Not So Great Dads on the Sidelines

March 11, 2014 · 0 comments

in Dads and Sports

A couple weekends ago I attended a small-town high school basketball game.  Two rival high schools were playing for the league championship in front of a standing-room only crowd.  Even the local TV station was there to televise the match up.

The game lived up to its billing.  The home team jumped out to a ten-point lead, only to have the visiting team claw it’s way back to take a five point lead early in the fourth quarter.  Encouraged by its fans, the home team didn’t give up and managed to get the ball back with twenty seconds remaining and down by two points.  We sat two rows behind the home team bench and heard the coach tell his players during a timeout that they were going to go for a three pointer to win.youth soccer

The visiting team was ready, however.   Good defense broke up the designed play and a mad scramble ensued.  In the end the home team was unable to get a shot off before the buzzer sounded and the visiting team’s bench stormed the court along with some of their fans.

I played on my high school’s basketball team many moons ago, but it’s been a very long time since I’ve been to a game.  I was surprised by the intensity of the players.  They seemed bigger, faster, stronger than I ever remember the players being when I played.

As you might imagine, with the magnitude of what was on the line emotions were high both on and off the court.   At one point in the game a player from the visiting team didn’t like something that one of the home team players did and for about the next two minutes the visiting team player let him know about it.  He got into the home team player’s face.  Yelled at him, Bumped him, etc.  To his credit, the home team player ignored it all and played on and the referees never called anything.  Then the visiting team pulled their player from the game and he never returned.

I think what surprised (and disappointed) me most was the intensity of the parents and students.  Actually, the students were great!  They had some clever cheers but none that I thought were demeaning or that ever crossed the line of good sportsmanship.

But the parents…ugh!  I couldn’t believe what I was hearing and seeing.  The man I was sitting next to gave the referee the finger as he approached the official scorer’s table to announce a foul.  And after the game a woman behind me was calling a visiting team player “a punk” as the two teams were shaking hands.  She couldn’t have been more than ten feet from the player and thankfully the player didn’t appear to hear her.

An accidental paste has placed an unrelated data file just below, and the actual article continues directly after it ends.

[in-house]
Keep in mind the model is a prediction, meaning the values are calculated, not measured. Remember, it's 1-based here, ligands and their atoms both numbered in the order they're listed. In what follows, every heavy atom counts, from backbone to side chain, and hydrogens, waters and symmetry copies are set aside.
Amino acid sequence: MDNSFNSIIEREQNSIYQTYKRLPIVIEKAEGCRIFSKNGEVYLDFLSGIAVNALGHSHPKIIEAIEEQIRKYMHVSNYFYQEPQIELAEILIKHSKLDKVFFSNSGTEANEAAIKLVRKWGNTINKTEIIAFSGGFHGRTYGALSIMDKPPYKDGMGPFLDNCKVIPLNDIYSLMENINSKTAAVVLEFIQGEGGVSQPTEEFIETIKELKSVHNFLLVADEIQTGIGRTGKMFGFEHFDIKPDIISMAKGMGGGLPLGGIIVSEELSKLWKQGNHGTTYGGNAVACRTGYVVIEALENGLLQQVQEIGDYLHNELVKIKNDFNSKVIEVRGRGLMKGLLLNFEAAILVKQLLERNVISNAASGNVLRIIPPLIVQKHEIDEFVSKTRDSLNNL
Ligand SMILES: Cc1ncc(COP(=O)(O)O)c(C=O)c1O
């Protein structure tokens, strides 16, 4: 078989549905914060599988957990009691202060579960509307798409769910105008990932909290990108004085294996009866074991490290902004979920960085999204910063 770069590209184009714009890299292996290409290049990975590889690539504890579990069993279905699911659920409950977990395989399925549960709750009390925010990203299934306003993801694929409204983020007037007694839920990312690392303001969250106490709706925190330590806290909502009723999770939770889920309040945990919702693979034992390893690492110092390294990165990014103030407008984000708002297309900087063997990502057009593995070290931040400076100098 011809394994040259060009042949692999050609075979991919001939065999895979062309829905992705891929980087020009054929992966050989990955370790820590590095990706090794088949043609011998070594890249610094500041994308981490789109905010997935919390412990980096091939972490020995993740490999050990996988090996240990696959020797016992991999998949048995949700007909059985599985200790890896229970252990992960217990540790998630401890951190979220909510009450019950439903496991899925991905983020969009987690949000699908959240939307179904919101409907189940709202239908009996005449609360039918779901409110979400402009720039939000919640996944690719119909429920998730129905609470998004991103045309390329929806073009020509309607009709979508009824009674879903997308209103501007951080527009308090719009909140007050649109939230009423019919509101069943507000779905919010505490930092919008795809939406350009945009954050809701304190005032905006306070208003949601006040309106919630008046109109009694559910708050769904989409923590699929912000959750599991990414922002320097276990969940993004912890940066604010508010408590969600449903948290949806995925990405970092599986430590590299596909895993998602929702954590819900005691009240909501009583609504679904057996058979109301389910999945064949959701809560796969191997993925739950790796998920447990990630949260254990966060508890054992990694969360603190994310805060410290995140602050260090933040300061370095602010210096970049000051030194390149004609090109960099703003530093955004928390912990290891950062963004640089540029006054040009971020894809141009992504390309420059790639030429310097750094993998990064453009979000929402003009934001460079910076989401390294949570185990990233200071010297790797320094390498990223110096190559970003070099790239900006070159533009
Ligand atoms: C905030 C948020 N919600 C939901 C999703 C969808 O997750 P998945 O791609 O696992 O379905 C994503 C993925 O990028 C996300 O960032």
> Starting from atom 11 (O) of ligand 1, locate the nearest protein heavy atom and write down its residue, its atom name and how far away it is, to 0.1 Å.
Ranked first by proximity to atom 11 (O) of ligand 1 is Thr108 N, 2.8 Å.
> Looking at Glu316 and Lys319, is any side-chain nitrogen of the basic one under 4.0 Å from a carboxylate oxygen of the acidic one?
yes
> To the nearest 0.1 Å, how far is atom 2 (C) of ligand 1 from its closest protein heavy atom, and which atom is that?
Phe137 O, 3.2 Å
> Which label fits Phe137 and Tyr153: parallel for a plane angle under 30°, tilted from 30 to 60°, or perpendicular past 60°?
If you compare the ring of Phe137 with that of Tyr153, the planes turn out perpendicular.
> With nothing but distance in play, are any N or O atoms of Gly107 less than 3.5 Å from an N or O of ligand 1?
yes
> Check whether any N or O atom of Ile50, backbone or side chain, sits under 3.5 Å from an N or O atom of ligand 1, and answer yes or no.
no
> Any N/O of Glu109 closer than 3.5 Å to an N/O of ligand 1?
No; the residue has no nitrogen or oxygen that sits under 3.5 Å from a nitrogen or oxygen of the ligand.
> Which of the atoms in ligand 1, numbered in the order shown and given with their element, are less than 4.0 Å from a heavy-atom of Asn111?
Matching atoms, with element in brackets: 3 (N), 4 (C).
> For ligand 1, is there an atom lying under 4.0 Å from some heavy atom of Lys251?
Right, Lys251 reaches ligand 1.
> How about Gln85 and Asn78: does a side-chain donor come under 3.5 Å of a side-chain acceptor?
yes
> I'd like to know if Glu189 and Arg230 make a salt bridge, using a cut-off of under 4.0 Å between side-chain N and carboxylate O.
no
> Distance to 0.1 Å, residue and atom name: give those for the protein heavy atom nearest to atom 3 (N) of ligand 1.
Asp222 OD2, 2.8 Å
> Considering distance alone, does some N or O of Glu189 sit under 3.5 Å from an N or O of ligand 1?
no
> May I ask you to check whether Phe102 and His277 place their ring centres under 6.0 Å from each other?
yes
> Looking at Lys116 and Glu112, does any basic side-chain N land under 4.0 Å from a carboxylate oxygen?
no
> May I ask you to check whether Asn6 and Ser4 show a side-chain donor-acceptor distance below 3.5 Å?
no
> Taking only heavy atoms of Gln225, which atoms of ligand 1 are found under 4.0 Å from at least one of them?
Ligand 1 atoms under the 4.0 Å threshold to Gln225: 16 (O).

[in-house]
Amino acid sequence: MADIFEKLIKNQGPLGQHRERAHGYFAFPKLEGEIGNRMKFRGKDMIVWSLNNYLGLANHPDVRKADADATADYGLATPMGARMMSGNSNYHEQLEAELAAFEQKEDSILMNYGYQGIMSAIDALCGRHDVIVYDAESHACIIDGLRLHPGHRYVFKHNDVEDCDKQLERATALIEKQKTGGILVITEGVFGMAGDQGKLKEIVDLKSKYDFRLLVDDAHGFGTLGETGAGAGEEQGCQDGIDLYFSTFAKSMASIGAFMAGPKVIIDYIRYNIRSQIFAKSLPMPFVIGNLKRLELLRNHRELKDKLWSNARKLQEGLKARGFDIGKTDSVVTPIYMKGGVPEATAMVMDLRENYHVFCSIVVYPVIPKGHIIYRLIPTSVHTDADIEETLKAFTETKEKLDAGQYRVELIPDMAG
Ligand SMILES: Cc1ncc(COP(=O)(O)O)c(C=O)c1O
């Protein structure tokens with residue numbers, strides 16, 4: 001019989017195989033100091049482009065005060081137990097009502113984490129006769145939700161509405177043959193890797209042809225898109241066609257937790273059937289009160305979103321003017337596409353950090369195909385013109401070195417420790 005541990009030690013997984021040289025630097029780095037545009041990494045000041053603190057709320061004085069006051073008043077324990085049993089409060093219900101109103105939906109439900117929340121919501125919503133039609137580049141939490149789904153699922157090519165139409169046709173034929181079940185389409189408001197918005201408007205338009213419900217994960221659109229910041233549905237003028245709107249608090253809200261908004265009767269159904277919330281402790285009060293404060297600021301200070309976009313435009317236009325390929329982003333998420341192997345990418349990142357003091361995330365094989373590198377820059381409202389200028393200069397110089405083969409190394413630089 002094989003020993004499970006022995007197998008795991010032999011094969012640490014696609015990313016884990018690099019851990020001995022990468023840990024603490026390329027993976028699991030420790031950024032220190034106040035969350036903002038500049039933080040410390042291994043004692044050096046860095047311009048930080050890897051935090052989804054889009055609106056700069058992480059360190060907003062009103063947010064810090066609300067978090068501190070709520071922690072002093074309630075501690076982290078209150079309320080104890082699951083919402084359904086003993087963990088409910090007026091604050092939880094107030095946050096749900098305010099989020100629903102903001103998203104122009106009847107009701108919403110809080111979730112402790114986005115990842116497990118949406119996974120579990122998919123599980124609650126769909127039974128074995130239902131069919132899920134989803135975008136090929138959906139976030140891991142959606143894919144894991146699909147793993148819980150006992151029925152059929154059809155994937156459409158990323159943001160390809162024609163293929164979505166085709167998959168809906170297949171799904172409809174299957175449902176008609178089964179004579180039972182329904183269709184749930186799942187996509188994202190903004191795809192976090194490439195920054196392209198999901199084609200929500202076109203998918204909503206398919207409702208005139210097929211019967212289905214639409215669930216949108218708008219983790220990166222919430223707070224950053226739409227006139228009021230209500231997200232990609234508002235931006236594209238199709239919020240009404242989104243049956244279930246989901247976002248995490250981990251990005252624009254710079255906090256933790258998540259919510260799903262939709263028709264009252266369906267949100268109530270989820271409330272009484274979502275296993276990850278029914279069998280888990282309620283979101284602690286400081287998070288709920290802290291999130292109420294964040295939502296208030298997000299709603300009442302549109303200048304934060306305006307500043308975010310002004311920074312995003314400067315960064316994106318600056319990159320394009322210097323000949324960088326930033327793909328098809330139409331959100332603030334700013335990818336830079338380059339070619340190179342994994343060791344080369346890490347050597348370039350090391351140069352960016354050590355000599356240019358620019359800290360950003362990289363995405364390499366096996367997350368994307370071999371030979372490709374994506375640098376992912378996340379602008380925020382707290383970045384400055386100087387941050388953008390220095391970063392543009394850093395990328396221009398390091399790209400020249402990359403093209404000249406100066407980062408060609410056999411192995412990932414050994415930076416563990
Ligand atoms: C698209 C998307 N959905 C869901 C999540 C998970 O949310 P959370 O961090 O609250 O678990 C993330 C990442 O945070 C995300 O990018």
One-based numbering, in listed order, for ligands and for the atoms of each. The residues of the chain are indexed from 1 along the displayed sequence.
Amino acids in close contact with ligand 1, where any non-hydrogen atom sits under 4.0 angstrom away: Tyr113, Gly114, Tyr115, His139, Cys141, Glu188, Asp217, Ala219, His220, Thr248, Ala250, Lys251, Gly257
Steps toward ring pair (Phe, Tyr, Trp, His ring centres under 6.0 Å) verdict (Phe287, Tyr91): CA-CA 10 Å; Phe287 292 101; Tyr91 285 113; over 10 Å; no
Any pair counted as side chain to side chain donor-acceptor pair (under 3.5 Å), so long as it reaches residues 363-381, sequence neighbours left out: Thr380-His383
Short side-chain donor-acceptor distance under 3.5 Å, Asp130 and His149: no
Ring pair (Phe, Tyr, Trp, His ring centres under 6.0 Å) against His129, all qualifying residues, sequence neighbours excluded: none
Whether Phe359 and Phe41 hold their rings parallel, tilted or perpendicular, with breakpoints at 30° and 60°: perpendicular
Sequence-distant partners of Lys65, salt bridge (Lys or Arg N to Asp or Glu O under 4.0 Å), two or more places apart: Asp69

I suppose this type of behavior has been happening for a long time in sports, but with so many people having phones, cameras, and recording devices on them, you’d think that people would be careful about what they say and do for fear of embarrassing themselves, and their kids.  Just do a YouTube search for bad parent behavior at sporting events.  These types of videos always seem to go viral and end up on the 10 o’clock news.   In hindsight, I wish I had had the guts to say something.  I often wonder if people really realize what they’re saying and doing sometimes.  Maybe even a simple, “Hey now, come on.  That’s not going to help anything.”  Perhaps that would be enough to bring them back to their responsible adult senses.

Now, having said all of that, I know it’s not easy sometimes.  I coached my kids for several years and watched for several more from the stands.  I know that there have been times that I was more vocal than I should have been.  There was one particular game I remember when things weren’t go right on the field for my daughter’s team and I voiced my displeasure.  I asked her about it after the game and even apologized for my behavior.  And her response taught me a lesson that helped me settle down from that point on.  She said, “Huh?  What are you talking about?  I can’t ever hear a thing you say.”  I knew that was true because I remember when I was playing I was oblivious to what was happening in the stands.  All the yelling and screaming by the fans blends to together to make crowd noise, but the players can hardly decipher anything.   This was such an “a-ha” moment for me and I think I’ve been a pretty good parent since then.

As I’ve been reflecting on what happened at this game, I came across a great blog post today by Glennon Doyle Melton called “How to Watch Your Kid’s Game Without Being a Jerk.”  It contains some some great advice and thought I’d pass it along.  Perhaps one or two of these points will stick with you and hopefully keep you out of the headline news.



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